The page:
Heroin in Tahiti: Sun and Violence
Hailing from East Rome, Heroin in Tahiti are a duo that have produced one of the most rewarding albums of the year with Sun and Violence. And they’ve seemingly invented their own genre, best summed as sun-scorched psyche Radiophonica. That may need work, so let’s go with their own tag of Spaghetti Wasteland. Much better.
There’s so much of interest here, so much that demands your attention, I barely know where to start. One thing that stands out is the brilliant use of field recordings – muezzin wale with intensity, birdsong and call is warped and coils in on itself, radio voices plead and spook, fragments of chants loop and animated rants become cadences.
Tracks erupt with rumbling ritual intensity or build to sudden ends. Drones haze the room and crystallise into diamond facets. Rhythms mass into tribal funks or drip with erotica. Synths wobble, float, and score lines across your vision. Guitars trace fragments of full riffs. Organs appease. Put it this way: I love this so much I even forgave them the use of sitars at the end of the epic ‘Continuous Movement’.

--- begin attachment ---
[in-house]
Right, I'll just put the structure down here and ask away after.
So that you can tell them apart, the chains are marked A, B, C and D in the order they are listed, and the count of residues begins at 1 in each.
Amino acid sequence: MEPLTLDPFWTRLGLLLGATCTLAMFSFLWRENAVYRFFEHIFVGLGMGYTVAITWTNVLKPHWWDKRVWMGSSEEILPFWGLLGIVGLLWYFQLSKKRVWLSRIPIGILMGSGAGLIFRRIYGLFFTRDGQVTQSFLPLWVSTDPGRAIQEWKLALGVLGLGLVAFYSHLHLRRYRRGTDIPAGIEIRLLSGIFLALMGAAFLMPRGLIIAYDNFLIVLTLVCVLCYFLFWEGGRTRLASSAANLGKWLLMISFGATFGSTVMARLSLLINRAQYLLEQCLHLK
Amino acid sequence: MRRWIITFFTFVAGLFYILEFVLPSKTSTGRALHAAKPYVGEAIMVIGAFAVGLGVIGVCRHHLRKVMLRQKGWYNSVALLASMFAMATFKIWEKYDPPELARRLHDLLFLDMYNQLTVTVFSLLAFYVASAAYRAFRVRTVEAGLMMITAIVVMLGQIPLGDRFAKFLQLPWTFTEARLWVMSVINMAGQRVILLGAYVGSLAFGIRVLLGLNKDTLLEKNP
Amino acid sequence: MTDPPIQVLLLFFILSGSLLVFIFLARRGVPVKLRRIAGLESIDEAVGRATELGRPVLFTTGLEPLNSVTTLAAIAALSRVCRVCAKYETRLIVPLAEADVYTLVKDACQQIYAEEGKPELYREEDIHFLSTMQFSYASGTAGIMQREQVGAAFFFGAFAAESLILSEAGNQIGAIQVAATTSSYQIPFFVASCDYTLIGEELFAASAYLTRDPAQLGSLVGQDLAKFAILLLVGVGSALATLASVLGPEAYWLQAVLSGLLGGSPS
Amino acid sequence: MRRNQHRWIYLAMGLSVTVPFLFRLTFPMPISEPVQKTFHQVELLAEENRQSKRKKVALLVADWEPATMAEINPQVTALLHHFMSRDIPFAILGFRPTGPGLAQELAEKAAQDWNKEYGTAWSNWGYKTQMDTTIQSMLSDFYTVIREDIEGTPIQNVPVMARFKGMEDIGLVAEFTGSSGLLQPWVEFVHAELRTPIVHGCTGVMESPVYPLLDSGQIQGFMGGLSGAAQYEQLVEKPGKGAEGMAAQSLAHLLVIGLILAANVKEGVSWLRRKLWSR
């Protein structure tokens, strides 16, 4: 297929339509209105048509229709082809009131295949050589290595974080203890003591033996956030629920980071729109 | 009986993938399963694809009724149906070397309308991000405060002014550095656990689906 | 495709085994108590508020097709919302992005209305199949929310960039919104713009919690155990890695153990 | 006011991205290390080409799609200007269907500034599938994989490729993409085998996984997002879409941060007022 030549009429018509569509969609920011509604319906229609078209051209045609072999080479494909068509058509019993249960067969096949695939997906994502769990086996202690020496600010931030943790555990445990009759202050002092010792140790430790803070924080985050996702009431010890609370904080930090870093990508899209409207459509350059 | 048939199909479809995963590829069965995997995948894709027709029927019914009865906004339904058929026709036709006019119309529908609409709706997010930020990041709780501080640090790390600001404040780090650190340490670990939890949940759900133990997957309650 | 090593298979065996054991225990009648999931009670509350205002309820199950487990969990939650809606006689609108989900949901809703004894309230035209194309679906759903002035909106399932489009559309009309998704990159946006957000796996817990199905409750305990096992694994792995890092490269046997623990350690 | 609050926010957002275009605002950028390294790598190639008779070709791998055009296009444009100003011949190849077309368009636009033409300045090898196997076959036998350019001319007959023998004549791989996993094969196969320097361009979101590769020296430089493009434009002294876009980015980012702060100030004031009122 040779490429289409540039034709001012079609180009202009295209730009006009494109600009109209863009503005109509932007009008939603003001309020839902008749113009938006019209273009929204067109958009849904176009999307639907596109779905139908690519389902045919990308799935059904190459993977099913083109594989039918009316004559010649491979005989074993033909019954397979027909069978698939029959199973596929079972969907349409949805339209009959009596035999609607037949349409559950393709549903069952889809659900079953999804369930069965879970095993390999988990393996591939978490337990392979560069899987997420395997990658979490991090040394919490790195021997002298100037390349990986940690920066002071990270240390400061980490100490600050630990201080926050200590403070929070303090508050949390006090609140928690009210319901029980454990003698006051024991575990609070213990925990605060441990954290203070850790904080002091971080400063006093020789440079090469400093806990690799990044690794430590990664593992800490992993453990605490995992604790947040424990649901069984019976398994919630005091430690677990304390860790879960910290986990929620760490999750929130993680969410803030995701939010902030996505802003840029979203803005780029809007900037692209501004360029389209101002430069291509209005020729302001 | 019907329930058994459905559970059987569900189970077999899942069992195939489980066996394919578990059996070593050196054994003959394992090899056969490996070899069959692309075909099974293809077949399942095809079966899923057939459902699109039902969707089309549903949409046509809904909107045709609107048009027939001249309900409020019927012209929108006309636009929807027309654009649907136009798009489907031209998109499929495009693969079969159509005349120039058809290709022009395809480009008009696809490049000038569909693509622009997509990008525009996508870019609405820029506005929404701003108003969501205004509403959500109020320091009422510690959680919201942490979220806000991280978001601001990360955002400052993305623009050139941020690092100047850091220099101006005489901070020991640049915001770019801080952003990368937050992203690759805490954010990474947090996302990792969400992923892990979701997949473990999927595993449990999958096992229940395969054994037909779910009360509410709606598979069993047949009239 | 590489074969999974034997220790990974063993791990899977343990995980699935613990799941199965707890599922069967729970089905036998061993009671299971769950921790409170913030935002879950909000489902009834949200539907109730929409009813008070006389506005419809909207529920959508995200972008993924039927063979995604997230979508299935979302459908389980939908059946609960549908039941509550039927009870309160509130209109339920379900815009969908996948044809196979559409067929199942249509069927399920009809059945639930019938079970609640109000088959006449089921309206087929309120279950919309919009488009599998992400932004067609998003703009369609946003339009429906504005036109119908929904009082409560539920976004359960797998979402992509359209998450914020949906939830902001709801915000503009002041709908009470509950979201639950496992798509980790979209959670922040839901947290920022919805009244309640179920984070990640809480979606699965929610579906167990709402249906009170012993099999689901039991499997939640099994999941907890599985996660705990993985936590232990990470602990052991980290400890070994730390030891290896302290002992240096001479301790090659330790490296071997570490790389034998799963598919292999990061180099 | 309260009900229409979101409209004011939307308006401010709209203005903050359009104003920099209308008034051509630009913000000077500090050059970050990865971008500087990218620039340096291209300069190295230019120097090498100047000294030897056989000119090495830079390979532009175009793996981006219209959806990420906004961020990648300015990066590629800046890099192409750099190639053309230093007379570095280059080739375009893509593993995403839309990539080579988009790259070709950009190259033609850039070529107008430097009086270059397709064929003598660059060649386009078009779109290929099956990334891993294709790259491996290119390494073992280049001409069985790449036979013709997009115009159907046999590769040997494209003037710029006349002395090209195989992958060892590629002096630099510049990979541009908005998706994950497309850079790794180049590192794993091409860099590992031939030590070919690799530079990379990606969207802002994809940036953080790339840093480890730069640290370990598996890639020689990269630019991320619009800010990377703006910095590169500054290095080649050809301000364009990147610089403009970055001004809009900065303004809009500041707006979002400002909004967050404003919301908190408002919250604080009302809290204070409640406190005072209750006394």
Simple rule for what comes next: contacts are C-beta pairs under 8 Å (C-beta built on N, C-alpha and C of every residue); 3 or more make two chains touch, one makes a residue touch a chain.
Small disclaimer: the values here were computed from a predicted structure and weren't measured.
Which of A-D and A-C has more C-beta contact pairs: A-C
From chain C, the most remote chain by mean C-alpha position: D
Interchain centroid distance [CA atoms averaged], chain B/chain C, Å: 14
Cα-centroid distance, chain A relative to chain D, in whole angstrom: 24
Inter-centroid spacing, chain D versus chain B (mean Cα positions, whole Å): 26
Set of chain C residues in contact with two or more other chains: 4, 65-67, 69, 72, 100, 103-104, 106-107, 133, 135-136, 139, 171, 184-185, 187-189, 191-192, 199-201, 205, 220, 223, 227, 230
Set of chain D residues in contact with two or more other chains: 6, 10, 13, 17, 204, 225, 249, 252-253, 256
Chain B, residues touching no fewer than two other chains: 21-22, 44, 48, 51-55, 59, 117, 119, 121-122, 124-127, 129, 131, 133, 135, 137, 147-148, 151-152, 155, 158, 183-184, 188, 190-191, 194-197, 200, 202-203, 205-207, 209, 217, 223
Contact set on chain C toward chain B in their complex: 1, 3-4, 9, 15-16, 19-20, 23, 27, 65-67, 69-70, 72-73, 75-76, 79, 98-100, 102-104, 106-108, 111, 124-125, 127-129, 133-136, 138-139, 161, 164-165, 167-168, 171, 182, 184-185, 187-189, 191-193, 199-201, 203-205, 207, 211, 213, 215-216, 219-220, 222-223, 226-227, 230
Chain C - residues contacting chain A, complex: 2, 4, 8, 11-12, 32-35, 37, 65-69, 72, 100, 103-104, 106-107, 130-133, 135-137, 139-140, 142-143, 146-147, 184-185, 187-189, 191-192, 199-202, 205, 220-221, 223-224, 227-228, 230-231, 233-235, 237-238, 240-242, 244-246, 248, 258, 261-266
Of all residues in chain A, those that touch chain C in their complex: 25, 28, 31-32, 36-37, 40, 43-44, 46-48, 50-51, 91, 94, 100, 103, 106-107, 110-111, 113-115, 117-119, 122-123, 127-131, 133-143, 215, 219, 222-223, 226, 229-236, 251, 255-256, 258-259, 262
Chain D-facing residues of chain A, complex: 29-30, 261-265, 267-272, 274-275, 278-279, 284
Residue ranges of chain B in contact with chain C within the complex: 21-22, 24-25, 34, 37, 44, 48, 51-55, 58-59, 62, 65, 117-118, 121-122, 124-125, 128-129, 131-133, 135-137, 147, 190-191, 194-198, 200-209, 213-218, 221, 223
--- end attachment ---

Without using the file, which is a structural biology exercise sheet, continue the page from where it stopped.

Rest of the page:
If Goat dropped all the spirituality nonsense and some of the somewhat tiresome posturing, and went a bit more pleasingly ‘out there’, you’d be almost arrive at the place Heroin in Tahiti inhabit. It’s a strange, third-eye coagulating, claustrophobically intense place, located somewhere beyond the visible horizon in an exotic land. I wanna go.
This is a brilliant album. I’d strongly consider buying it if you know your shit. BUY.